Welcome to Train for the Camino de Santiago

Camino de Santiago

click image to enlarge

Everyone has their own reasons for walking the Camino de Santiago, also known as The Way of St. James.  It is a popular pilgrimage route to the Cathedral of Santiago de Compostelo in Galicia Spain where the sacred remains of the Apostle St James (the Greater) are purported to be buried.  The earliest visits to the shrine for St James are recorded in the 9th century and non-stop over the ages the pilgrims kept coming and their origins expanded to include many countries around the world.   Today over 100,000 pilgrims annually walk the Way of St James, varying in their distances walked and their reasons for walking.

Some pilgrims walk for purely religious reasons, others for historical or cultural interests.  Some walk for the physical challenge or to celebrate a personal milestone such as beating cancer, or a significant birthday.  I am walking for varying degrees of each of the reasons listed above.  As a lapsed Catholic the opportunity to visit the sacred remains of an Apostle which is a relic of such spiritual consequence it cannot be ignored as a factor for walking the Way of St James.  I am turning 60 in 2014 and will walk the Camino to celebrate my landmark birthday fulfilling the requisite physical, mental and spiritual challenges.  The main Camino trail in Galicia follows an older Roman trade route and the towns and cities along the Way have a rich culture and history which is another driver for me to walk.

I am actively preparing and training for my Camino trip in June 2014 and will be blogging on the following 10 Key Guidelines for completing the journey to Santiago de Compostela.  The blogs will be based on my personal experiences and research:

  1. Physical Training including the Planning, Doing and Tracking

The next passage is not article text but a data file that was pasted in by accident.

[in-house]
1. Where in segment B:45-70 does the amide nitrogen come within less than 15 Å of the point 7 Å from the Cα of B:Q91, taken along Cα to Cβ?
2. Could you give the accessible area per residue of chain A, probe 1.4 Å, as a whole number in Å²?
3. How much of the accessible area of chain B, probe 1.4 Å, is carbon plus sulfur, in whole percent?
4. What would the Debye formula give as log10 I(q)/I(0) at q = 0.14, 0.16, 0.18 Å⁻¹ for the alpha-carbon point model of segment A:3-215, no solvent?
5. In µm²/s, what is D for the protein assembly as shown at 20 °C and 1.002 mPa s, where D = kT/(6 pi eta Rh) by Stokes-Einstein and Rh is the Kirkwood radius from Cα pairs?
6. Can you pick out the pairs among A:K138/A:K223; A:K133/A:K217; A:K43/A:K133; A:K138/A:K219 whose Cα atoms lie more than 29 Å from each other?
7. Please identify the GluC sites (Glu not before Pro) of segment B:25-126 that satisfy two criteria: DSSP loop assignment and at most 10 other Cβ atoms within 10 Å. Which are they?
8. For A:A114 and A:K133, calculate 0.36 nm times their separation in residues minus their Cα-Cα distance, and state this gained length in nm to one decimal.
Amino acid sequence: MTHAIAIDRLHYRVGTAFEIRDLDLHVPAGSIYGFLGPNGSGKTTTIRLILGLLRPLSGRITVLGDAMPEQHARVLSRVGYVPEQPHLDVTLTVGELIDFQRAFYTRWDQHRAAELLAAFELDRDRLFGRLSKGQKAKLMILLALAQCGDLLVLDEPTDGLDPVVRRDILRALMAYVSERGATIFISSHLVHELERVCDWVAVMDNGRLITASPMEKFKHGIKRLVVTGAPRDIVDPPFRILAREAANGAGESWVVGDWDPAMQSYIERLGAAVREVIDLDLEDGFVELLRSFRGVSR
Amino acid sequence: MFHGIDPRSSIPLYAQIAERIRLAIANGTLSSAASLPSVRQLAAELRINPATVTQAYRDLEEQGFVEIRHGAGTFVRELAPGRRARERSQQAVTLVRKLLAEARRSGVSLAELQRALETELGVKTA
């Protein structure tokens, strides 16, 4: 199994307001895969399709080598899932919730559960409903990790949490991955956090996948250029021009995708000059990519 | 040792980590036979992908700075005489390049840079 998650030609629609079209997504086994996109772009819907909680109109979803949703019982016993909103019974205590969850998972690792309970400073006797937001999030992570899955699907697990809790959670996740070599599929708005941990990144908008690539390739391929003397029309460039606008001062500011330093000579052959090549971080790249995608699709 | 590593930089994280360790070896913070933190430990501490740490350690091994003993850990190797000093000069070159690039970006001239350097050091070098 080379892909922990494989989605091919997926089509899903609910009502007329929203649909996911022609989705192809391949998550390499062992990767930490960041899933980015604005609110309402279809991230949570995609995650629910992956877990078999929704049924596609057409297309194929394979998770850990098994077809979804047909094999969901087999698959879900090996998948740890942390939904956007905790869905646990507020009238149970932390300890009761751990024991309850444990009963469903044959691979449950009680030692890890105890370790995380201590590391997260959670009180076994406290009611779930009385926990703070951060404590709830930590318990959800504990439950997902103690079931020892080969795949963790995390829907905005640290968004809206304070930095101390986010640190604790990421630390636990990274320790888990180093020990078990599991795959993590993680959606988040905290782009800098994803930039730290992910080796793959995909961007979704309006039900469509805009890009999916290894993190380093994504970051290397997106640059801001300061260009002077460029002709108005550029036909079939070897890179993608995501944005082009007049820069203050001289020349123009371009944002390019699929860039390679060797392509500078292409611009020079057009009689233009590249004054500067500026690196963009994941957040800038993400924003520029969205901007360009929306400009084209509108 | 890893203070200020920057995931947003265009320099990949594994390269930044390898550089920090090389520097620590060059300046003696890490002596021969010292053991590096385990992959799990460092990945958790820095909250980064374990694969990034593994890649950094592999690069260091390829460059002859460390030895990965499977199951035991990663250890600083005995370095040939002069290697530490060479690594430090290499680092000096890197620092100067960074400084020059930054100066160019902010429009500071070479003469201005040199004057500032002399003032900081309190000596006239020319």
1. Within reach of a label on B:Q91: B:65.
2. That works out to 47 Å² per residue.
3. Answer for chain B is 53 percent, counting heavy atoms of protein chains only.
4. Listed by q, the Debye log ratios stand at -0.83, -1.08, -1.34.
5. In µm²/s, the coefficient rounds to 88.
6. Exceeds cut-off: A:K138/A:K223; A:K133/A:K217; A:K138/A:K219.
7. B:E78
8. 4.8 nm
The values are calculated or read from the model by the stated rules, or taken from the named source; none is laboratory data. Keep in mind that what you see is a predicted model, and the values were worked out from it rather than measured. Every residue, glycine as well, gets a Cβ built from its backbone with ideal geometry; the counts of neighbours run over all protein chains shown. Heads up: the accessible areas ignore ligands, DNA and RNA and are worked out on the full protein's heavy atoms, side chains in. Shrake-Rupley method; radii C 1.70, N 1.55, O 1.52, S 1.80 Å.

2. Mental Conditioning to Shape your Way for The Way
  3. Planning the route with Maps and Apps to Find your Way on The Way
  4. Keeping Connected and Informed while you are Away on The Way
  5. Outfitting for the Way
  6. Experiencing the history and culture along the Way
  7. Emergency, First Aid and Weather Planning on the Way
  8. Food, Drink and Play on the Way
  9. Checklists, and what Others have to Say about the Way
  10. The Aftermath:  What lessons did I learn along the Way and what’s next?

The Camino has the Milky Way overhead outlining and illuminating the route and Compostelo itself means “field of stars”.  In 2014 I will have the freedom for 40 days to follow a field of stars walking in the footprints of great figures in history such as Charlemagne, Roldan, St Francis of Assisi, and the Knights Templar who patrolled the route keeping pilgrims safe.   I have 11 months to plan, train and prepare my way to experience the Way. Why am I driven to chronicle the pilgrimage?  The reasons while mine are timeless and common with thousands of other pilgrims throughout the world, both past and present.

I look forward to connecting with you and welcome your comments and feedback. Please feel free to leave a link back to your own blog too via the commentluv feature here on the site.

Buen Camino…




Leave a Reply

Your email address will not be published. Required fields are marked *

CommentLuv badge